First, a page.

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News Release: Commissioner Nick Fish announces first milestone in “Poop to Power” project - opening of natural gas fueling station at wastewater treatment plant

 (March 8, 2018) - Commissioner Nick Fish and the Bureau of Environmental Services today announced the opening of a natural gas fueling station at the City’s wastewater treatment plant.  The station will offer a clean-air alternative to diesel for City vehicles operating at the plant in industrial North Portland.

The natural gas fueling station is the first milestone in Environmental Services’ Renewable Natural Gas initiative, also known as the “Poop to Power” project. The station will provide fuel for the first natural gas vehicles in the City’s fleet. Initially, vehicles will fill up on natural gas from conventional sources, but once the full project is complete in 2019, the station will operate on renewable natural gas (RNG) produced as a byproduct of wastewater treatment. 

 “Our future is green, and I’m very proud that we’re bringing the first natural gas vehicles to the City’s fleet,” said Commissioner Nick Fish. “When the “Poop to Power” project is finished, Portland will have a local, clean fuel produced from recaptured waste – not fossil fuels.” 

Under the “Poop to Power” project that City Council approved in April, Environmental Services will recover nearly 100 percent of the waste methane from sewage treatment and convert it into market-grade renewable natural gas (RNG) for sale to displace diesel in truck usage. The RNG will be sold as truck fuel via NW Natural’s pipeline as well as at the fueling station, which also is being built and operated in partnership with NW Natural. 

 Trucks running on natural gas cut smog-producing pollutants by up to 90 percent and climate change emissions by up to 30 percent, according to the Portland Bureau of Planning and Sustainability. RNG’s climate benefits are even greater, offering up to a 90 percent cut in climate pollution.  

The term “renewable” refers to natural gas produced from organic matter as opposed to fossil fuels.

 “As a renewable source of natural gas, the city’s sewage will offer a steady and sustainable supply of clean fuel well

 into the future,” said Michael Jordan, Environmental Services’ director. “The filling station also solves a business problem – the City as well as other businesses can only invest in natural gas vehicles if they have a place to fill up. We’ve created that place.”

Environmental Services is starting with six natural gas vehicles that it acquired or converted. That number will ramp up to 13 by year’s end, and the usage will continue to grow as the City converts and acquires additional vehicles to run all or in part on the cleaner fuel.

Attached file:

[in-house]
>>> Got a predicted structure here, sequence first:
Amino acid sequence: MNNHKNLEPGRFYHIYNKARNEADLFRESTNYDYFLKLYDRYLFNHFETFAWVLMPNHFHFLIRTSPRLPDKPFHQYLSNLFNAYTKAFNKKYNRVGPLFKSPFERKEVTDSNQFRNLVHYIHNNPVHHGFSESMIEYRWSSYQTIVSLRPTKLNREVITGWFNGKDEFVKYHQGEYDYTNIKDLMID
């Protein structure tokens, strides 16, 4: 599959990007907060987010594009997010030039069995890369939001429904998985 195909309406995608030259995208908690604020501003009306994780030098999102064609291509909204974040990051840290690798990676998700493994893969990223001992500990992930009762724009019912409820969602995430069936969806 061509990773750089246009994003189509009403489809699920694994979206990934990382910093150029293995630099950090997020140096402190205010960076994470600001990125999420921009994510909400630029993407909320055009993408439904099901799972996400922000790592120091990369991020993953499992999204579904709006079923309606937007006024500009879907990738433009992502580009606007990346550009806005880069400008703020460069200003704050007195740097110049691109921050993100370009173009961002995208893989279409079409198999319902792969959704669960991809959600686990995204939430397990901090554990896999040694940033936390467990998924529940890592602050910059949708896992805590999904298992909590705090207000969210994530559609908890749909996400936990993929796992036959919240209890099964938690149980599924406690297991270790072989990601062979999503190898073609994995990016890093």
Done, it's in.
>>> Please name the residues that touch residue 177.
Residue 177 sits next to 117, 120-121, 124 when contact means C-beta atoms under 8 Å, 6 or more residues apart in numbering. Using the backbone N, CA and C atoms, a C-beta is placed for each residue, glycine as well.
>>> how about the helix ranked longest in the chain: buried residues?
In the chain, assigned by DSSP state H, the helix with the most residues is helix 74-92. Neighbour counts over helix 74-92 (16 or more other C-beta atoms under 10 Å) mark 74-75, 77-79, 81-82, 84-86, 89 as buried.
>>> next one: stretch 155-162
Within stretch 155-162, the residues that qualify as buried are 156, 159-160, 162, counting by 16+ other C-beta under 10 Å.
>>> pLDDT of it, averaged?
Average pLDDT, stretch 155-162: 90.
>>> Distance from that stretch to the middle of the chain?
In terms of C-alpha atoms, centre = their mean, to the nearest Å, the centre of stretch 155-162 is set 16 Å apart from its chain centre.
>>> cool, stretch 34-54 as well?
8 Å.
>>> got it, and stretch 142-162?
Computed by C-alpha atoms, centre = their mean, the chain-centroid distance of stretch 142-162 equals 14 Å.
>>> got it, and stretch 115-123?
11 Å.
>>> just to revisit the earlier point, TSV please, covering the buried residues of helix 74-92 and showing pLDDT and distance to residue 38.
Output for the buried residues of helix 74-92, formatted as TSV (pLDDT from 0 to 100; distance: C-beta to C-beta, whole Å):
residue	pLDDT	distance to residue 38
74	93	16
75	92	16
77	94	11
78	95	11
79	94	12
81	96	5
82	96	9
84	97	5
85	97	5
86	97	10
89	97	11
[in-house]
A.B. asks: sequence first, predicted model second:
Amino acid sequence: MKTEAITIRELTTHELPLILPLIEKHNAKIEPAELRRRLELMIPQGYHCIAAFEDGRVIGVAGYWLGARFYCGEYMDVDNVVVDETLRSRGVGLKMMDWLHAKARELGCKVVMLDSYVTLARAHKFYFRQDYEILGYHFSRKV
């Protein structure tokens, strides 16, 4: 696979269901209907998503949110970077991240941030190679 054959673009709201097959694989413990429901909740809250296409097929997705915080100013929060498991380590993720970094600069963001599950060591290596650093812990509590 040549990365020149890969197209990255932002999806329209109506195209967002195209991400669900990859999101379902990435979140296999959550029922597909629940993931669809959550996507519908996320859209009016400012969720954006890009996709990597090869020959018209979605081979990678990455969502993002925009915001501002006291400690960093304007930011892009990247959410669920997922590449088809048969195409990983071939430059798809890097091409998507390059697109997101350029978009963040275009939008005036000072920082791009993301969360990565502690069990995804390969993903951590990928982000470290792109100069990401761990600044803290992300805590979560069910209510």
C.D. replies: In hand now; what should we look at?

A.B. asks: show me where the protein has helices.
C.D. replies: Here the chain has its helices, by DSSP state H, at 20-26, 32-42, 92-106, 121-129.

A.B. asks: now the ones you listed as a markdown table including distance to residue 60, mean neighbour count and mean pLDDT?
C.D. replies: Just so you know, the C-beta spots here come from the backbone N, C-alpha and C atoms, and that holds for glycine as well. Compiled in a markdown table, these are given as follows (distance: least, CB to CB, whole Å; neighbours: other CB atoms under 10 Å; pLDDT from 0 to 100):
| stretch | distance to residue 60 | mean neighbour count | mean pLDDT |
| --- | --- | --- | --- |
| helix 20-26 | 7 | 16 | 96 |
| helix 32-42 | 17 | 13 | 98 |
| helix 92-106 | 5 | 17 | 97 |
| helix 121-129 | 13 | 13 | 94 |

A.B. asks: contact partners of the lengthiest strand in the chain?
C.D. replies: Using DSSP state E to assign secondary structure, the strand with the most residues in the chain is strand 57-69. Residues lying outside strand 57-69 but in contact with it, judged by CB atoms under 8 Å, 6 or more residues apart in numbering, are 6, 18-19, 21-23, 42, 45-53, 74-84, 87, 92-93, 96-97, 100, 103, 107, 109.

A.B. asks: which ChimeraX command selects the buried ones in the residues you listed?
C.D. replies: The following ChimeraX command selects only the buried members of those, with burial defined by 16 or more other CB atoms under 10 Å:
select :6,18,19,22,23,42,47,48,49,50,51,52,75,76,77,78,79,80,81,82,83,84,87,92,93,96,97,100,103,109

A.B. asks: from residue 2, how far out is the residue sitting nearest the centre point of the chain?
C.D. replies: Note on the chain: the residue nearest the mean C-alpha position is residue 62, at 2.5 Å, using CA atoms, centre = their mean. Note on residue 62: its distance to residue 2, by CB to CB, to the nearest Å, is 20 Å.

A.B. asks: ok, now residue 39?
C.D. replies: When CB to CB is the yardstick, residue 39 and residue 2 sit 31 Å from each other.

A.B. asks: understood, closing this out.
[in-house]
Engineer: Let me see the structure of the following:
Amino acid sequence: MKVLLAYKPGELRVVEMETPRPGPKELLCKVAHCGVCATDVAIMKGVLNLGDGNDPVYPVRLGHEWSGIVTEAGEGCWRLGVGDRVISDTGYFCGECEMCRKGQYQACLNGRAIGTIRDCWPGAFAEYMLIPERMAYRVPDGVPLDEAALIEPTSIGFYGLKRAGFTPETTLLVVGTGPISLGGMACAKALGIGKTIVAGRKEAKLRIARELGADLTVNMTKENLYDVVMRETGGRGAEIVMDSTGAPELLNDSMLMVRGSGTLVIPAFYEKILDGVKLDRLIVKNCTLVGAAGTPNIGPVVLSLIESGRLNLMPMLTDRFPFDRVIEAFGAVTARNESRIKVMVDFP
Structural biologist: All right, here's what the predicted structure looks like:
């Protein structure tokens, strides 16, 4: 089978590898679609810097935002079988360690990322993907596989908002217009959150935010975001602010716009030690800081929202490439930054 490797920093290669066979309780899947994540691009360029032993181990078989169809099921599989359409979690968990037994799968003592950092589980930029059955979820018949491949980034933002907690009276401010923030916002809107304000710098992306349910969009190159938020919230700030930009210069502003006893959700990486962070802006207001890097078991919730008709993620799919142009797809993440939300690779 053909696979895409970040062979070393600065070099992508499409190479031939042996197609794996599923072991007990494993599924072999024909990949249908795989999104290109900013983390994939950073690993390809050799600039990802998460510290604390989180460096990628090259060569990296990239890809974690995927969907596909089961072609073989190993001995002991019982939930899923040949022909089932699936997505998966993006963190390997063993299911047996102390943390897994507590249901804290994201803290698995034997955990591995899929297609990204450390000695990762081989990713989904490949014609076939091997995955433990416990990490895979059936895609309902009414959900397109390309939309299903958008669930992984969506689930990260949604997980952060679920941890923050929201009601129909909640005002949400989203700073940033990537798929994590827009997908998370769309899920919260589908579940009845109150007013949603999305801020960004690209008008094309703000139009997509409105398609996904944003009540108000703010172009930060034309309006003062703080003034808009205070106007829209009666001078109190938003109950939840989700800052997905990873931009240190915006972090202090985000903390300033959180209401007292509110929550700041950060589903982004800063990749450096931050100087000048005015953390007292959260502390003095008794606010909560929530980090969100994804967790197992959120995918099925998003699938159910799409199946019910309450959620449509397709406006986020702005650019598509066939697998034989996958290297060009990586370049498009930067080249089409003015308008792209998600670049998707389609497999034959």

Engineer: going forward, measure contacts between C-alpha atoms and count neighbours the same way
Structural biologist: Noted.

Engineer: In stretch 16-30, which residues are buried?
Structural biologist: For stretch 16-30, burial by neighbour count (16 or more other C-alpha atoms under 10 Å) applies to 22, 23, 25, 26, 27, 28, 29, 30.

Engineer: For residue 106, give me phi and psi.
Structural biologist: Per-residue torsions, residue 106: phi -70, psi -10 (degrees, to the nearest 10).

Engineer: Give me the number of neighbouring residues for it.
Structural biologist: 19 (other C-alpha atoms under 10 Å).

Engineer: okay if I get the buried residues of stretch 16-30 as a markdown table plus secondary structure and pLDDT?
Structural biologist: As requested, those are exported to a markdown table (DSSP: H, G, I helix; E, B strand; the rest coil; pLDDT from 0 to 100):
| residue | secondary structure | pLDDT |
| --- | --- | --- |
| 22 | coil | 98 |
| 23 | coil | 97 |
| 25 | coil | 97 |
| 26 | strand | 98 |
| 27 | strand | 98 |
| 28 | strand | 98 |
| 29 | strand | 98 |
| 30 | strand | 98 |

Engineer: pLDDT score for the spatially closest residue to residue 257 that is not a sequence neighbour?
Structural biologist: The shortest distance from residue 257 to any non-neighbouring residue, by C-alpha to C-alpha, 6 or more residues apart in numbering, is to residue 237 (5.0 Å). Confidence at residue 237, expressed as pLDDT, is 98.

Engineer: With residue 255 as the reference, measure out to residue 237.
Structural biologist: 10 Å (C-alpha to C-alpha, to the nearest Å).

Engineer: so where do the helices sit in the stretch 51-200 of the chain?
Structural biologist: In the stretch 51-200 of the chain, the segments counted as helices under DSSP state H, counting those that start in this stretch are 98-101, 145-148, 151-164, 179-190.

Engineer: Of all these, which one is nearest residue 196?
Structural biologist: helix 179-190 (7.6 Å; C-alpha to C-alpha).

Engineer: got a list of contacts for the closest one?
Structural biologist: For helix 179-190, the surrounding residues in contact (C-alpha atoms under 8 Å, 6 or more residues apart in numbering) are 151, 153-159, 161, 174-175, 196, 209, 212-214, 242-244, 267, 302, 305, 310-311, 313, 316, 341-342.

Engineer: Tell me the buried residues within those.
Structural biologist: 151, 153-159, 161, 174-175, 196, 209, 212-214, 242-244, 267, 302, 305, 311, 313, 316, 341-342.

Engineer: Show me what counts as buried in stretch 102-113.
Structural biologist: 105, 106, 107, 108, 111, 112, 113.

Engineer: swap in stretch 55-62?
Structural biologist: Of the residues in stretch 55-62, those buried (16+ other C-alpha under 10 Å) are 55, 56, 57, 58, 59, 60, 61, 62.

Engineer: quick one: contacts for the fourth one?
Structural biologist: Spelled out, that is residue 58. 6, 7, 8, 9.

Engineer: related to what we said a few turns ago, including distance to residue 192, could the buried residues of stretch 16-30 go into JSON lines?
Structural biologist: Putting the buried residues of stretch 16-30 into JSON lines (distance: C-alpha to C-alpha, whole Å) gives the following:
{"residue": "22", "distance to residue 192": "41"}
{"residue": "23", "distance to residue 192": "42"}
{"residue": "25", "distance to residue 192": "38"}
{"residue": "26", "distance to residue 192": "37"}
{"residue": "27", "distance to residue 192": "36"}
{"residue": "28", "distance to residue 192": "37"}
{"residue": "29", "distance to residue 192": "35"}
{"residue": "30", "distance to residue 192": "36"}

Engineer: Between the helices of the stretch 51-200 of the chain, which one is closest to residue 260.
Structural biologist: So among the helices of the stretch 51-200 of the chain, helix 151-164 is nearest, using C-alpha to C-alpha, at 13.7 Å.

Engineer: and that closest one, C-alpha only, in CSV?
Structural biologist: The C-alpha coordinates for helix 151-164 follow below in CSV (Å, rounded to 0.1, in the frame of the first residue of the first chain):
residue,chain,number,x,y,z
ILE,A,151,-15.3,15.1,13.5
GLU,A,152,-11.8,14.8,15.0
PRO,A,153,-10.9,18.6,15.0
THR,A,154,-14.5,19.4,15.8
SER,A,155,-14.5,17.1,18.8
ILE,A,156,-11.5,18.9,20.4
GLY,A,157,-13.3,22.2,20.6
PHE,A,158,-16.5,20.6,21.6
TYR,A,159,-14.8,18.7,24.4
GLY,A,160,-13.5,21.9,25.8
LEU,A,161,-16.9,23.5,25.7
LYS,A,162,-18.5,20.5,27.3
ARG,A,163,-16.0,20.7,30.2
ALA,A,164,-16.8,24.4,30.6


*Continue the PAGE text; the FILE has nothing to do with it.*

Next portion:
Adding another Oregon element, the vehicles are being converted by students at Linn-Benton Community College’s Lebanon campus.

The station’s natural gas also will be available for sale to treatment plant contractors transporting biosolids and grit for recycling or disposal, potentially displacing the diesel from those trucks as well.

The addition of the first natural gas vehicles to the City fleet aligns with the City of Portland’s climate action goals and strategy to move increasingly to more sustainable transportation options, including electric vehicles, bicycles and transit.  Currently, there are few electric truck options on the market.

The City’s fueling station joins a handful of others in the Portland metropolitan area that serve fleets such as Waste Management refuse trucks and Port of Portland airport shuttles.

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The Bureau of Environmental Services works with Portland residents and businesses to protect water quality, public health, and the environment through wastewater collection and treatment, sewer construction and maintenance, stormwater management, and stream and watershed restoration. @besportland

The City of Portland’s Columbia Boulevard Wastewater Treatment Plant, 5001 N Columbia Blvd, is the largest in the state, serving about 600,000 residents and businesses. The RNG Initiative is the latest step Environmental Services is taking at the treatment plant to recover and reuse as many resources as possible. About 77 percent of the plant’s waste methane has been reclaimed to heat and power the treatment plant and for sale to a local roofing company. This project will move the plant to almost 100 percent methane recovery and tap into the emerging local and national market for renewable fuels. In addition, the plant recovers biosolids for use as an agricultural supplement on eastern Oregon wheat fields.

Media Contact: Diane Dulken (503)457-7636